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How Japan's space agency used dashboards in its race to the moon

Space observations now matched with observability

When the Japanese space agency's SLIM smart lander settled down onto the moon in January this year, the real feat wasn’t just getting to the rocky satellite, but making a soft landing to 100m accuracy within the Shiholi crater.

The craft itself weighed 200 kilos, but fuel, at least at launch, added another 500 kilos. Needless to say, keeping the mission on track required ground-based crew monitoring multiple streams of information on the health of the lander. These included velocity, acceleration, temperature and position readings, and the health of the various systems such as the aerosols that direct the lander.

Naturally, the ground-based team needed to be able to read off key information at a glance. Unfortunately, as Satoshi Nakahira, associate senior researcher at ISAS/JAXA’s Science Satellite and Data Archive Unit, explained to The Stack at Grafanacon this week, the agency’s legacy Quick Look system left researchers scrambling for key information during the mission. As Nakahira explains, there were simply too many characters and parameters for control team members to easily and quickly grasp what was happening.

Nakahira described the challenge as similar to an IoT system, except all the streams of data are effectively coming from a single system and beamed across space to a ground station then onto the SLIM control centre.

While scientific data is examined over a longer time scale, housekeeping data had to be accessible to monitor the status of the craft and its systems. The health of the heater system is critical, for example, “because instruments can be damaged by extremely low temperature of space.” Temperatures range from -170C to 110C.

The original on-prem Linux-based system the agency used was built around 15 years ago by NEC. It was too complex and too expensive says Nakahira, and increasingly out of date. “This software is a monolithic software. So, it is not easy to maintain or add new features.” Just operating it was “very difficult”. Installing anything new “is almost impossible.”

Nakahira proposed supplementing the Quick Look system with dashboard-like information by using Grafana. He described it as his “personal mission.” However, he says, his proposal to bring an open-source tool to a closed monolithic wasn’t immediately welcomed.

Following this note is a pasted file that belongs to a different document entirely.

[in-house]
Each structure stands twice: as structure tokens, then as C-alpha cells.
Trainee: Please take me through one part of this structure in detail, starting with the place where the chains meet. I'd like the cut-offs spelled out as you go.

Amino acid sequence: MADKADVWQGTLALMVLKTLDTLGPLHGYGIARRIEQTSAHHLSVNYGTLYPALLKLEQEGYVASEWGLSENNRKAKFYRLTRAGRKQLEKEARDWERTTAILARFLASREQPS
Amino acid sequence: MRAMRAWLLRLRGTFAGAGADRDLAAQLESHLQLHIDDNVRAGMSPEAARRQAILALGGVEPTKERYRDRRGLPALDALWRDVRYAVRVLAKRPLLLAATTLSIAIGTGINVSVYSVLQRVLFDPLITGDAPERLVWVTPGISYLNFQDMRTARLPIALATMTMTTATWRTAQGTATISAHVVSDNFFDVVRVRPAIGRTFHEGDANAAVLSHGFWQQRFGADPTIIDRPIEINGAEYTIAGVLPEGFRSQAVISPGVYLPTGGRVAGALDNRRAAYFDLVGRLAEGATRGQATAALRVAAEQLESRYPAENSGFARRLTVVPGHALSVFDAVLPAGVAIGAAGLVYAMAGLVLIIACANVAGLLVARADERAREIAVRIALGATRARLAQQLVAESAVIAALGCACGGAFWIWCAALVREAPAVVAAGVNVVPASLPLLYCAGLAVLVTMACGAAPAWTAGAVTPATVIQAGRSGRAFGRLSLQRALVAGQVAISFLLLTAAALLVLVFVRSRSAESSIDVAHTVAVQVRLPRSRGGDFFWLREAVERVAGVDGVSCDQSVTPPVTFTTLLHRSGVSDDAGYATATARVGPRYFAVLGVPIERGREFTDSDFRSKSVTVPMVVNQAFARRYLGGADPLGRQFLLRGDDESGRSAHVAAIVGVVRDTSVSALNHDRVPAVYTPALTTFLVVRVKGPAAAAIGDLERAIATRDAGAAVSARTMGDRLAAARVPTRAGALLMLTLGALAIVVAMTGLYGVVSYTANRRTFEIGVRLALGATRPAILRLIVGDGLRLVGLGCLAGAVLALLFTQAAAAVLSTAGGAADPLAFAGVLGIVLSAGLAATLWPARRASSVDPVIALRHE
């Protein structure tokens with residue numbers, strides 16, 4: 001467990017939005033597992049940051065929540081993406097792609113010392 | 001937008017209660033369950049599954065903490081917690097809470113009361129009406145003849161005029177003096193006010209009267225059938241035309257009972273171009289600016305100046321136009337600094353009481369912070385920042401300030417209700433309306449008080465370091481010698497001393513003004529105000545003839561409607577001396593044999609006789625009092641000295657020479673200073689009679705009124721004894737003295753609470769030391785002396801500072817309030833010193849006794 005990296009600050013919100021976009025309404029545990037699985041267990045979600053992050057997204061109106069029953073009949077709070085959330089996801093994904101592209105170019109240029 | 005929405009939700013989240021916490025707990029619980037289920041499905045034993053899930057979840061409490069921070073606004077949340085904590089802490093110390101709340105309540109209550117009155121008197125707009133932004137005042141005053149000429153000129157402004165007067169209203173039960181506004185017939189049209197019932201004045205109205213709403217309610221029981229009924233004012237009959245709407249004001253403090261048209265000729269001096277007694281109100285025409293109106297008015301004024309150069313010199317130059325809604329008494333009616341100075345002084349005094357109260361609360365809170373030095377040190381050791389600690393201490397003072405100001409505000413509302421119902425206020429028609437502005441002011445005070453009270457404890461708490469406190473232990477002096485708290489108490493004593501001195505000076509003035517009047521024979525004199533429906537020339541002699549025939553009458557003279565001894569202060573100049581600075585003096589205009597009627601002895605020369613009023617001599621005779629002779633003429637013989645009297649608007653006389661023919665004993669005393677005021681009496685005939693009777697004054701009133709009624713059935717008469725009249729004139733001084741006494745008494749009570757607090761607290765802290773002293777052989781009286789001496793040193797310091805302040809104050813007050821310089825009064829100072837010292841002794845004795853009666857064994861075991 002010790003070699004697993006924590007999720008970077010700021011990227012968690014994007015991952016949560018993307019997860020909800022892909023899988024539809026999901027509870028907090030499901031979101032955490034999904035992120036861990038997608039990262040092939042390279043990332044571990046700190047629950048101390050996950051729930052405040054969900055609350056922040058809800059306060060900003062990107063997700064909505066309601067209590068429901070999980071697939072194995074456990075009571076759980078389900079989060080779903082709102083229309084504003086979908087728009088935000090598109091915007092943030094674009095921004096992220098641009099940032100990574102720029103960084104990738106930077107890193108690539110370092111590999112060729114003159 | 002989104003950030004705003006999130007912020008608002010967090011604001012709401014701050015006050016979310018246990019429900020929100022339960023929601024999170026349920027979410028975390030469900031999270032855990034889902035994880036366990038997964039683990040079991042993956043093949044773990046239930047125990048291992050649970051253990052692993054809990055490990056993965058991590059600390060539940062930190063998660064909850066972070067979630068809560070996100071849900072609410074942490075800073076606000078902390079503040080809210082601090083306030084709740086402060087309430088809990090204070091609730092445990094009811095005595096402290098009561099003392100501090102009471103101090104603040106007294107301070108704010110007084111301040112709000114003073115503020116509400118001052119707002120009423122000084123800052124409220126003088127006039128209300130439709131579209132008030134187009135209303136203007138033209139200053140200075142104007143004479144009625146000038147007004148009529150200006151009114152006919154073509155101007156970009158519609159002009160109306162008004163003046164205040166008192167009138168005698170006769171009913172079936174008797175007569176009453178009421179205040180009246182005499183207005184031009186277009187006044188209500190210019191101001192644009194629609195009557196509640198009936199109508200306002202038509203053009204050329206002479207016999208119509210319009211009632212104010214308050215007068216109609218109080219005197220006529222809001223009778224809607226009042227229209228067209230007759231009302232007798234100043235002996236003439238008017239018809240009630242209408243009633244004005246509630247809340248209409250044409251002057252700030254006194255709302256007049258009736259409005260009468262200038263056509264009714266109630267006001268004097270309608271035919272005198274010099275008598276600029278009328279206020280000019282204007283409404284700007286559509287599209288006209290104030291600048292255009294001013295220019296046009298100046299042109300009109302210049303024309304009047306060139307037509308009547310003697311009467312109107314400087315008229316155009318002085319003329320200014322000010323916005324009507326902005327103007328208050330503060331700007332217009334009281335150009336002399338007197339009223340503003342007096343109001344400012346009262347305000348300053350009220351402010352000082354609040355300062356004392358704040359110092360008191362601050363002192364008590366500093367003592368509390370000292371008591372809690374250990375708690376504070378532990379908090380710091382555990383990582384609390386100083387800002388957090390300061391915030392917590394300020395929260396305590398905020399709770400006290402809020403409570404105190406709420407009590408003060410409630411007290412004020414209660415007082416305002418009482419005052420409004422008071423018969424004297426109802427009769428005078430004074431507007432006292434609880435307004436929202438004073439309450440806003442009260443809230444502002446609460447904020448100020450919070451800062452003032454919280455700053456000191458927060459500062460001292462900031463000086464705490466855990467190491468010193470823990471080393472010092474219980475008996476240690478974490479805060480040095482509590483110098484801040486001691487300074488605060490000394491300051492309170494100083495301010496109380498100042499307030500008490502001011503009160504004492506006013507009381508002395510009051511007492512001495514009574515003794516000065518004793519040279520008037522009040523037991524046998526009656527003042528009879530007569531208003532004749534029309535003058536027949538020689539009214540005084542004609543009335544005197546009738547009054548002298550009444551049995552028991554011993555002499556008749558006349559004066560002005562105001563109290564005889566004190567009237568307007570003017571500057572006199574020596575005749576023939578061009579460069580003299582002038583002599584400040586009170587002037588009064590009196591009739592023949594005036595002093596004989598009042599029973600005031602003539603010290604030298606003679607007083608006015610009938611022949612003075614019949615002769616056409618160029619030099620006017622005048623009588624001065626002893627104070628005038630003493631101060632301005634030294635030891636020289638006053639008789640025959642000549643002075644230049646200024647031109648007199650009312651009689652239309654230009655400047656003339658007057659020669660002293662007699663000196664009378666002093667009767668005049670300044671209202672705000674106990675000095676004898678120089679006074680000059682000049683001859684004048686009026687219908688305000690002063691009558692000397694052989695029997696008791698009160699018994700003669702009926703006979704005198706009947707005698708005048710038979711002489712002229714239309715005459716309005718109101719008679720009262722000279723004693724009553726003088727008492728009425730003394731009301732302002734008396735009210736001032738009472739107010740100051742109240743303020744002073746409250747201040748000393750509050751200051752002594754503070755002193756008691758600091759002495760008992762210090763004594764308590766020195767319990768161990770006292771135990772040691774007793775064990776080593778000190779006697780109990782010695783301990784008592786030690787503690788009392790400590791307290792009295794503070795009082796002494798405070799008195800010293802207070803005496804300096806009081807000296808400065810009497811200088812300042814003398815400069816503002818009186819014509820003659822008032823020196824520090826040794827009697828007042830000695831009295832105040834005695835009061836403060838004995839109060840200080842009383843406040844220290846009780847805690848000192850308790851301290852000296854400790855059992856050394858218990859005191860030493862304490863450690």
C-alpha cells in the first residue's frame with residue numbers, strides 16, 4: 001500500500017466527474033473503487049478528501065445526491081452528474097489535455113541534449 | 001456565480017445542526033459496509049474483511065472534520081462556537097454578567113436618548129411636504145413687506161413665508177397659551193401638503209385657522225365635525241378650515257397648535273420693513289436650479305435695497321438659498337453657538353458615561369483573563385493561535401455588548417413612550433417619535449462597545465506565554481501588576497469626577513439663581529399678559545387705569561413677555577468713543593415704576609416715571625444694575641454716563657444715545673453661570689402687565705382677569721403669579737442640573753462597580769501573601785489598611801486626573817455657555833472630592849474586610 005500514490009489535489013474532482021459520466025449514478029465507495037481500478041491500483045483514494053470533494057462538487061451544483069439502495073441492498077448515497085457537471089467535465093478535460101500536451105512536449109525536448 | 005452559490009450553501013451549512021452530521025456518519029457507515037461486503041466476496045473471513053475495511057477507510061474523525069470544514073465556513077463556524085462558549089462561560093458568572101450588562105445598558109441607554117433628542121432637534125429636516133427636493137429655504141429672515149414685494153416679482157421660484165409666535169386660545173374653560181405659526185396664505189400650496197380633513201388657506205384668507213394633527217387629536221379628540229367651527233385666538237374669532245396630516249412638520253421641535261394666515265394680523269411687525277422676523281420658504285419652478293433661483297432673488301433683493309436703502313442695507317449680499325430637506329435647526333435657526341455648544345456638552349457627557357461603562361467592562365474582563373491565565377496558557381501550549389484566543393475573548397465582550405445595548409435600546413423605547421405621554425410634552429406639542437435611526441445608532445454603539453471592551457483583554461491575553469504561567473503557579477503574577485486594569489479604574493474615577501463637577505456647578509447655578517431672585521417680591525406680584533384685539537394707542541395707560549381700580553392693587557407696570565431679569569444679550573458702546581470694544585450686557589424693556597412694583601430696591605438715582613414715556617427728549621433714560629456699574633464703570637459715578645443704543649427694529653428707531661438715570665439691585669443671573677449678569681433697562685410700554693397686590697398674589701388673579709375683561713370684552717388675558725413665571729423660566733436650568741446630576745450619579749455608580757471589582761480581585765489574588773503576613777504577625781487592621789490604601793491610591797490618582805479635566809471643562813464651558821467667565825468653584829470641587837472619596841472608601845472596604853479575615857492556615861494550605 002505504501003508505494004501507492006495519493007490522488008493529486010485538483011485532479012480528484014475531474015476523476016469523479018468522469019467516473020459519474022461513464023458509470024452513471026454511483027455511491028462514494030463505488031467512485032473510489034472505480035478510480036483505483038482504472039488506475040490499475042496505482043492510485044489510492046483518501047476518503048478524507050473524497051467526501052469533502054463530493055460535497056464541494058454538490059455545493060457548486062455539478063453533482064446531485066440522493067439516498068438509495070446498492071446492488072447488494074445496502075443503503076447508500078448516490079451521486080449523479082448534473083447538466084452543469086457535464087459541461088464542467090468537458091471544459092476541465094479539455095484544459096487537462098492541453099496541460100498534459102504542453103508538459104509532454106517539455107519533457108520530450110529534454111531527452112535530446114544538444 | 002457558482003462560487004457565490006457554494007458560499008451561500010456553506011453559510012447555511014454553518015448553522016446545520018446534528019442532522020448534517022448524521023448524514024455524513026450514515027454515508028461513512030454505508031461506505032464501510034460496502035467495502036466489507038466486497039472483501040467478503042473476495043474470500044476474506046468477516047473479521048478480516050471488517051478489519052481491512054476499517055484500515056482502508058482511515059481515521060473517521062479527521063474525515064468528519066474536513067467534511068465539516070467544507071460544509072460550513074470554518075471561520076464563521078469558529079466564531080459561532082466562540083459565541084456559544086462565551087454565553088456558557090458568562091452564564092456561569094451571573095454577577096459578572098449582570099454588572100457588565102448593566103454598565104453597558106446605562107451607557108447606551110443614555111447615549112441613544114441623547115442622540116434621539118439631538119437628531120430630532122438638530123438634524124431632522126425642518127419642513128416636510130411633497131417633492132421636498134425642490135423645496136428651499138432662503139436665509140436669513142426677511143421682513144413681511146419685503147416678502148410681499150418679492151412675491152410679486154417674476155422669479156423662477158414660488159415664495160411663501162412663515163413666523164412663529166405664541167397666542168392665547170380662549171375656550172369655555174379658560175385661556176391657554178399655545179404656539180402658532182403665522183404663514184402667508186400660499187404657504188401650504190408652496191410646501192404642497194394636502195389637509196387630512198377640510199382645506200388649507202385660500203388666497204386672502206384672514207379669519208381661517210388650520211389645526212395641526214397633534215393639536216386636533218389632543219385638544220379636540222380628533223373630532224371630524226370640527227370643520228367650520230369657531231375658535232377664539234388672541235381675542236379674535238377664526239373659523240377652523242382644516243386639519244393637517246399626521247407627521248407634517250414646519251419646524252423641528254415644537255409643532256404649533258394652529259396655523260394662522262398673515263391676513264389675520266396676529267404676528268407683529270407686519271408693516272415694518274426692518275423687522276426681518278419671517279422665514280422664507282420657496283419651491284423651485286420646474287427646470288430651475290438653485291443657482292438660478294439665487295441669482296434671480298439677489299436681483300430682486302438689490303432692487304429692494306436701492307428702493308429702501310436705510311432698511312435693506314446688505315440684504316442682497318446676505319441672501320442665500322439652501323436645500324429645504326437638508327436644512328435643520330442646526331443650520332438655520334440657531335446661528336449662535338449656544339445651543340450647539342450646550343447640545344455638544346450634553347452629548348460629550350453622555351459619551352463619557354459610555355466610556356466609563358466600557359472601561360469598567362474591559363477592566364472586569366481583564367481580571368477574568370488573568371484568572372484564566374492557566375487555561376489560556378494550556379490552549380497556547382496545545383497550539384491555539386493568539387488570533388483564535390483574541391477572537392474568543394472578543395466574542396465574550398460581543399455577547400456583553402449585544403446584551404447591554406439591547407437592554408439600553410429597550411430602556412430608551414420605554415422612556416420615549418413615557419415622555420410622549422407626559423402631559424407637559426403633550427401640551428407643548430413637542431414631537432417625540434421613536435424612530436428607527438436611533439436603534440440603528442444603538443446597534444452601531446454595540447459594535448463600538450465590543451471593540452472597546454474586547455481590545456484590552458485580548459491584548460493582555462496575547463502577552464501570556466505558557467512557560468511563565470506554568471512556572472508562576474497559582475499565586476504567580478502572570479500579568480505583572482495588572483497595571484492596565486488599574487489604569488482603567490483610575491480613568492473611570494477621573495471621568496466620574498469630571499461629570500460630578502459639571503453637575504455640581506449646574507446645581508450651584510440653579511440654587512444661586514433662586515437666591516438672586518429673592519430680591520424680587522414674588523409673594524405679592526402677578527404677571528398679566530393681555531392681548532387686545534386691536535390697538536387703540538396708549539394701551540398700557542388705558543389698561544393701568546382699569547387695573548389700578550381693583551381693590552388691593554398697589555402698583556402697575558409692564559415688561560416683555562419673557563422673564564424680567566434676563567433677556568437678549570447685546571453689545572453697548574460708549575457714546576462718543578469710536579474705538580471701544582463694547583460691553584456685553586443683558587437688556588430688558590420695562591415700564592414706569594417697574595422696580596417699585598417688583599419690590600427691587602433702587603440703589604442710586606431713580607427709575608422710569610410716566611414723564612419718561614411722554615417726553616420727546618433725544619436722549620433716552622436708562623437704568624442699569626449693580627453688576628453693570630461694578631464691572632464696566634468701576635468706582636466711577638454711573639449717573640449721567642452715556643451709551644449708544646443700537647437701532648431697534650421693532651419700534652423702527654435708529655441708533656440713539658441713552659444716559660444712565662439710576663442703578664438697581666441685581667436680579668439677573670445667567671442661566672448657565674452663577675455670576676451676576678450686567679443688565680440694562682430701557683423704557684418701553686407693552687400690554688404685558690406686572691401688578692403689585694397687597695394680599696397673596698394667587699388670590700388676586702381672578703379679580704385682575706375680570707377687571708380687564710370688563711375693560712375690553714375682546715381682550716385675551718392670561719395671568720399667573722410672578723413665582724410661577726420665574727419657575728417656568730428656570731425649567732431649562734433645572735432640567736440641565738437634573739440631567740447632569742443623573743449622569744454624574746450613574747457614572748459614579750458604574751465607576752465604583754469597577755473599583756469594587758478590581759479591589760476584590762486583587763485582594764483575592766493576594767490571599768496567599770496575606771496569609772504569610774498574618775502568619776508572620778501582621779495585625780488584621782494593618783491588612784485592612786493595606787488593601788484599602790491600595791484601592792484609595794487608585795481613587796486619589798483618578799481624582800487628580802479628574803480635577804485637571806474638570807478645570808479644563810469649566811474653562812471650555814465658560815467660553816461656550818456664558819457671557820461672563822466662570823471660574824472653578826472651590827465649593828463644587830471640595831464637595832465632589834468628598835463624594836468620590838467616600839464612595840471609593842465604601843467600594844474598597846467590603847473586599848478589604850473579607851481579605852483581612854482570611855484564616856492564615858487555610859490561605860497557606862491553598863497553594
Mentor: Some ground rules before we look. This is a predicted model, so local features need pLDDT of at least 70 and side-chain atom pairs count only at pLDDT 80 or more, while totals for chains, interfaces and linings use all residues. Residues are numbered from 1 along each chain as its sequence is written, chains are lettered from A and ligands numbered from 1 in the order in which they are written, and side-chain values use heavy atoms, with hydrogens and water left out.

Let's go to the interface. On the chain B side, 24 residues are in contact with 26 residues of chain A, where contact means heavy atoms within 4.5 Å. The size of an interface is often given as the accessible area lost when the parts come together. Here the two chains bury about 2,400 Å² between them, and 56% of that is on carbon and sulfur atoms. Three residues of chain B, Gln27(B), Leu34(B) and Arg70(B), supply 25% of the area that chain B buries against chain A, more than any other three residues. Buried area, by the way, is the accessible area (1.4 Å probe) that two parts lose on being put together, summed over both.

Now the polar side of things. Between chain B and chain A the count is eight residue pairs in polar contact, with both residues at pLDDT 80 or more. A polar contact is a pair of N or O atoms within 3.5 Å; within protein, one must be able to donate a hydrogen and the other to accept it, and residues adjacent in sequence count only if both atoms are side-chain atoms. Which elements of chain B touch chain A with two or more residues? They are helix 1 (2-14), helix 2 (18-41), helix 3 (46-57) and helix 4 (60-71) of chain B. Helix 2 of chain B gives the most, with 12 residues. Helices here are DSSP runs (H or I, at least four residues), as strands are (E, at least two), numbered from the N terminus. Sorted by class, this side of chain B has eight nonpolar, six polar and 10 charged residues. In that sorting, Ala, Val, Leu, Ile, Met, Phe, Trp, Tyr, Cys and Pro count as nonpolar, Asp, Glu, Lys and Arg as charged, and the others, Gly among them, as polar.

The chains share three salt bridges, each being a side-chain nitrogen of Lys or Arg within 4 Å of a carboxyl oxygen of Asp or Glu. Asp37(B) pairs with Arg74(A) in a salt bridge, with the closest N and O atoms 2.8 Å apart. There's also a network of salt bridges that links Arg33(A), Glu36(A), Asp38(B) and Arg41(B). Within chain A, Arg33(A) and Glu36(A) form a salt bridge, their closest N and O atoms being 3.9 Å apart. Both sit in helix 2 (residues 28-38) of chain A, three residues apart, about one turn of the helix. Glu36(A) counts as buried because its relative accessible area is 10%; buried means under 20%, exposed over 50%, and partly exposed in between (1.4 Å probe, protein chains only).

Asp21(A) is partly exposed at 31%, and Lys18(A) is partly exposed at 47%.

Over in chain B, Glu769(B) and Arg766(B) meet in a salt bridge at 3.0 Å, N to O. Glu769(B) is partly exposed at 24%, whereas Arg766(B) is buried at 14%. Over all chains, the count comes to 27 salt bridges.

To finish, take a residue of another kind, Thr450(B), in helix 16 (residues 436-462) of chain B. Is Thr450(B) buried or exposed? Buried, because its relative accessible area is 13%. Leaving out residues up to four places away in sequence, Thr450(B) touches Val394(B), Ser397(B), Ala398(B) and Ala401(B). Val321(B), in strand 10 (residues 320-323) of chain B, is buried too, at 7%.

Initially at least, “Most people didn’t agree.” However, some colleagues were interested in doing things in-house and willing to work with Nakahira. The team putting the system together was relatively young and comprised mainly of engineers, rather than astrophysicists. There was just one professor involved.

The architecture includes a data receive/register module, written in Python.  Cython – the superset of the Python language which supports C calls - was used to ease the integration for specific processes. Data is then moved into InfluxDB, then into Grafana via a Rest API and a Python API.

How Grafana fits in

Ten dashboards were constructed in total, corresponding to different objectives and operational phases of the mission, and spanning information including system state, plots, logs, and time series data. Testing the system involved “many lots of simulation data…running it with simulation data is very important.” As of course was checking the display system itself.

The “classic” Quick Looks were still dominant, but Nakahira said the Grafana-based systems played an “important role”. In the event, the control room team and viewers on YouTube were all looking at the same dashboard during the mission.

Nakahira said he started on the project two years before Slim started operations, though the development itself was between half a year and one year. Traditionally Space systems use older but proven and extremely stable software. Embedded versions of Windows have lived on in space long after they were deprecated on Earth.

But open-source tools are developed iteratively, going through multiple versions during the sort of development cycles typical in space missions. Nakahira said “During two years, I started on Grafana 7 and finally operated in Grafana 10. There is no problem.” Many other packages used by the likes of Nakahira were incremented over the period, he added, such as graphing tool xyplot.

While the setup for the SLIM mission was a one-off, Nakahira said “There are some other missions that are interested in our system.” These include planned missions to Mars’ moons and a planned mission to Mercury. Jaxa might not be expecting to find life on Mars, but at least they'll know whether the heating system is still live.